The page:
Whether full class treatment of damages issues would be manageable is too fact-sensitive, and too much of a judgment call, to warrant interlocutory review in this court. But because this litigation will proceed as a class action for equitable relief, it would be prudent for the district court to reconsider whether at least some of the issues bearing on damages — such as the existence of plant-wide racial animosity, which collectively "constitute [s] one unlawful employment practice", National Railroad Passenger Corp. v. Morgan, 536 U.S. 101, 117, 122 S. Ct. 2061, 153 L. Ed. 2d 106 (2002) — could be treated on a class basis (with opt-out rights under Rule 23(b) (3) or a hybrid Rule 23(b) (2) certification) even if some other issues, such as assessment of damages for each worker, must be handled individually. See, e.g., Lemon, 216 F.3d at 582; Williams v. Burlington Northern, Inc., 832 F.2d 100, 103-04 (7th Cir. 1987); De La Fuente v. Stokely-Van Camp, Inc., 713 F.2d 225, 233 (7th Cir. 1983); Mullen v. Treasure Chest Casino, LLC, 186 F.3d 620, 627-28 (5th Cir. 1999). (The employer's contention that even partial class certification is inappropriate because workers may have liked being called "nigger" and "jungle bunny," chuckled when other workers posted cartoons of black men being lynched and displayed nooses in the workplace, or at least not minded such things, strains credulity. Still, questions about subjective reactions also could be isolated for individual treatment if evidence demonstrates that insults and threats rolled off the backs of some workers.)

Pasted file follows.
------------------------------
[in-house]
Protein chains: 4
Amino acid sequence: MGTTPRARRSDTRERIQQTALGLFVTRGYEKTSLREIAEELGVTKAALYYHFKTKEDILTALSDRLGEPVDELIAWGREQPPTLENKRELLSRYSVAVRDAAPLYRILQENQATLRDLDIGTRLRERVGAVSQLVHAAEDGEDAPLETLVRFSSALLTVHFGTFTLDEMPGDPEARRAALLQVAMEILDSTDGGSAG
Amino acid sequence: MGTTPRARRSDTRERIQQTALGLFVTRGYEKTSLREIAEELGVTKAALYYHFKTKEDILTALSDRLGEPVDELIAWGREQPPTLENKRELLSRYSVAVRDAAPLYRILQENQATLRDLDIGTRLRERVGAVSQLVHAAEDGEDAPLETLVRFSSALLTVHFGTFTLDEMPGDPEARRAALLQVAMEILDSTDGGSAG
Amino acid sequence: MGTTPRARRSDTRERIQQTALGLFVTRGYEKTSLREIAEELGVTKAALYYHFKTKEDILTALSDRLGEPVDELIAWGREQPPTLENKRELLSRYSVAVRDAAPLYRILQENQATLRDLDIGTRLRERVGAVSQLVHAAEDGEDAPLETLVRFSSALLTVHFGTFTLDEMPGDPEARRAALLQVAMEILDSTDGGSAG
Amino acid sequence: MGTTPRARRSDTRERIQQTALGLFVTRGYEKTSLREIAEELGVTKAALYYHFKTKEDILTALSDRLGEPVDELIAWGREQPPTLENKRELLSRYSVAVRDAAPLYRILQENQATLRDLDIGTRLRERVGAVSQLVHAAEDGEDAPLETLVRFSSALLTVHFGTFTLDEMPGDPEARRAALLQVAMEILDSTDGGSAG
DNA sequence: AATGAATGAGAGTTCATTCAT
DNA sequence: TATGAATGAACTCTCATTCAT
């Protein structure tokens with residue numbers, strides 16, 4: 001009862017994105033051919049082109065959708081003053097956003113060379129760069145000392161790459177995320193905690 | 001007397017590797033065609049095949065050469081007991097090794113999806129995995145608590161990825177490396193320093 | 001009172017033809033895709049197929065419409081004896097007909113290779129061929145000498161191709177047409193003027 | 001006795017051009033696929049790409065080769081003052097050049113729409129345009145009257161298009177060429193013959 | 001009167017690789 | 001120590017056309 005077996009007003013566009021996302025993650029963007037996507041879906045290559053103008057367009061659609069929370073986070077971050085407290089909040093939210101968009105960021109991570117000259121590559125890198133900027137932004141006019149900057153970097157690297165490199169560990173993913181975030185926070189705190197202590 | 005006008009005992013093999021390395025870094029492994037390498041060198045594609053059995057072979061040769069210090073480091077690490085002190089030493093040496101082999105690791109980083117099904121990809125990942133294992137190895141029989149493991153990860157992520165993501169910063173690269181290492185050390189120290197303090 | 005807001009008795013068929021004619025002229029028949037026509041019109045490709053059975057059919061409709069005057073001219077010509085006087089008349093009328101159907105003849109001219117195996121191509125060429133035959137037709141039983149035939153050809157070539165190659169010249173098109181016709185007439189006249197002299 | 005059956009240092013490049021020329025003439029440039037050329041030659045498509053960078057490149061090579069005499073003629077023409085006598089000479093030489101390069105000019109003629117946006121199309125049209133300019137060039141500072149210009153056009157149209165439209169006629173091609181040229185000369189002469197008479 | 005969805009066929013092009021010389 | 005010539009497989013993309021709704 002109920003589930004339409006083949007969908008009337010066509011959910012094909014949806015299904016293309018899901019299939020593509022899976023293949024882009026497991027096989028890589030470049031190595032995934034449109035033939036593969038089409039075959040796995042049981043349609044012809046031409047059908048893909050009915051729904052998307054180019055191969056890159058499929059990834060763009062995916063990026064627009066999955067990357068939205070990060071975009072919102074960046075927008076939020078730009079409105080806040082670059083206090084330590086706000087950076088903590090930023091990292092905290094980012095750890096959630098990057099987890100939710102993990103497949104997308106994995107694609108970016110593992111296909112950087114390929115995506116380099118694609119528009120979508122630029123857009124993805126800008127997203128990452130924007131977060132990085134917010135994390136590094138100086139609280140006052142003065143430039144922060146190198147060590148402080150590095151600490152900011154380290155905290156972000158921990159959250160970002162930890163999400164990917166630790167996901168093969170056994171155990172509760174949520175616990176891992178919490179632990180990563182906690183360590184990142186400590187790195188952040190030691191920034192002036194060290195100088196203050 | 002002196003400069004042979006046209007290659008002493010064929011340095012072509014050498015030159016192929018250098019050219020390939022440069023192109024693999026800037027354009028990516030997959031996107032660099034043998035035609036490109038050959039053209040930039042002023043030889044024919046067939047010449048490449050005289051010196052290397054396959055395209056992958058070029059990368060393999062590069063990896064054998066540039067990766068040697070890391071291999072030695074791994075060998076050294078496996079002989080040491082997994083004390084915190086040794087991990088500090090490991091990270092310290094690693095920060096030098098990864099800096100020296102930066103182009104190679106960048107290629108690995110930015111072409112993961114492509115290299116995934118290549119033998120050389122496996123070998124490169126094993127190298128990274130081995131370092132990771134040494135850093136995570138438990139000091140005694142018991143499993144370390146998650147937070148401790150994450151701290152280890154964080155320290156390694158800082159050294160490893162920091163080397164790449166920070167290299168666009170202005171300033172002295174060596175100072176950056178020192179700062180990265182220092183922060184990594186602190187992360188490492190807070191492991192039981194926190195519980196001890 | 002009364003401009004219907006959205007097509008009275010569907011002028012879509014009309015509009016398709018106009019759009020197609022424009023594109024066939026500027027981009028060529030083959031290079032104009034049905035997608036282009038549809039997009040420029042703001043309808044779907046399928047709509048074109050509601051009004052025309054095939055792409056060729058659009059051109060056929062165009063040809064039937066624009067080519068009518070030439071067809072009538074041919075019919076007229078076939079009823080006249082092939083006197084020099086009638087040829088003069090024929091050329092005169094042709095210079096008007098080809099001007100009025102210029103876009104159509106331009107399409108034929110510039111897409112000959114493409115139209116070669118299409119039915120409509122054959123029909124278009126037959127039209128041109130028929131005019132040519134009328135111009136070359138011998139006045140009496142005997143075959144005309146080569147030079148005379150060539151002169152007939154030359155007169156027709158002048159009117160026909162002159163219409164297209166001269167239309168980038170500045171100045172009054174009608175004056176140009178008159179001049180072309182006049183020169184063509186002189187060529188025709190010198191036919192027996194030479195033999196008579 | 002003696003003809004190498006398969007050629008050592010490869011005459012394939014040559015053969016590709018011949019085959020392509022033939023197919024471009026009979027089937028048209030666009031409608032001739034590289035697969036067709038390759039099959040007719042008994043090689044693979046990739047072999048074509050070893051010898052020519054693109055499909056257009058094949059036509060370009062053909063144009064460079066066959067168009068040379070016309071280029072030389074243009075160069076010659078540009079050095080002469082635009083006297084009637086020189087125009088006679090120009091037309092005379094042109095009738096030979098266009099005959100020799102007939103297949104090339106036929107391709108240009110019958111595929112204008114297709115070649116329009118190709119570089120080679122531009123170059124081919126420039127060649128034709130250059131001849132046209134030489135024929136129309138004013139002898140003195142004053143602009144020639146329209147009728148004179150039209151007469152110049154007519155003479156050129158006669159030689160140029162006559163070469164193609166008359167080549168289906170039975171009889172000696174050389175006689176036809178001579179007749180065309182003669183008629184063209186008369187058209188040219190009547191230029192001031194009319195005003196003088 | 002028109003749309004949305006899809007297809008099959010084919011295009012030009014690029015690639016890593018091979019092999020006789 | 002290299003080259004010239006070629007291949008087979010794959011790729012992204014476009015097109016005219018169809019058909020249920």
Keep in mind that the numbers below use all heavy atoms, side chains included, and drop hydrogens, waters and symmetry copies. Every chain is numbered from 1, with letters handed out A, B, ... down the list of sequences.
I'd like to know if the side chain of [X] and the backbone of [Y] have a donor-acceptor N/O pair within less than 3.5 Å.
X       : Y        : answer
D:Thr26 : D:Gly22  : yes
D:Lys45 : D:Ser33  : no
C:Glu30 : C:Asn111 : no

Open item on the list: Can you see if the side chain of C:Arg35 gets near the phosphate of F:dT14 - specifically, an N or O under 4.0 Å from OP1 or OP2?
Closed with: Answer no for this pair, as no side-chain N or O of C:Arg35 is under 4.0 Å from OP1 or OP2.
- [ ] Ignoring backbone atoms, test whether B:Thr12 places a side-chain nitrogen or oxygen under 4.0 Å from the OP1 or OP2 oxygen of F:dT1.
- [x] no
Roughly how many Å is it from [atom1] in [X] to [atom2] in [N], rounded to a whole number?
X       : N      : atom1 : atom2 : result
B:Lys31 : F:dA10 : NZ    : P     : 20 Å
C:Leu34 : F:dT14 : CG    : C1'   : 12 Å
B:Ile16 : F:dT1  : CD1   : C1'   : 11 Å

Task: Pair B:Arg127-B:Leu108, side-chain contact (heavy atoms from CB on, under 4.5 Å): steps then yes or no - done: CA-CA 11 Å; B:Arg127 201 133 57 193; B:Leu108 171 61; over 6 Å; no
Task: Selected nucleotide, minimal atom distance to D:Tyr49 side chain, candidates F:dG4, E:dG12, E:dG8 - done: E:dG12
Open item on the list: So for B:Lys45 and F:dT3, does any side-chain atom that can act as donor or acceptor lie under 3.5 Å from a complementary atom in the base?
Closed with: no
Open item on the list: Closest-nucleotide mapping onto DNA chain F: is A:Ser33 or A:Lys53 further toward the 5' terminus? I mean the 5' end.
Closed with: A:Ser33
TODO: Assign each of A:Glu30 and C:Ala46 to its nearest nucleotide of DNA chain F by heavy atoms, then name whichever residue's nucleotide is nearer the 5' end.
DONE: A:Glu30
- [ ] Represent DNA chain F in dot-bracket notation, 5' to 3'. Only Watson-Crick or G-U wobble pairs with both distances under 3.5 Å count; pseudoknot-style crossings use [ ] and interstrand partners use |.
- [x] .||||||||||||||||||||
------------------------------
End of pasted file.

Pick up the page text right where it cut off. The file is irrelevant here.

The order of the district court is vacated, and the case is remanded with instructions to certify a class under Rule 23(b) (2) for equitable matters and to reconsider the extent to which damages matters also could benefit from class treatment.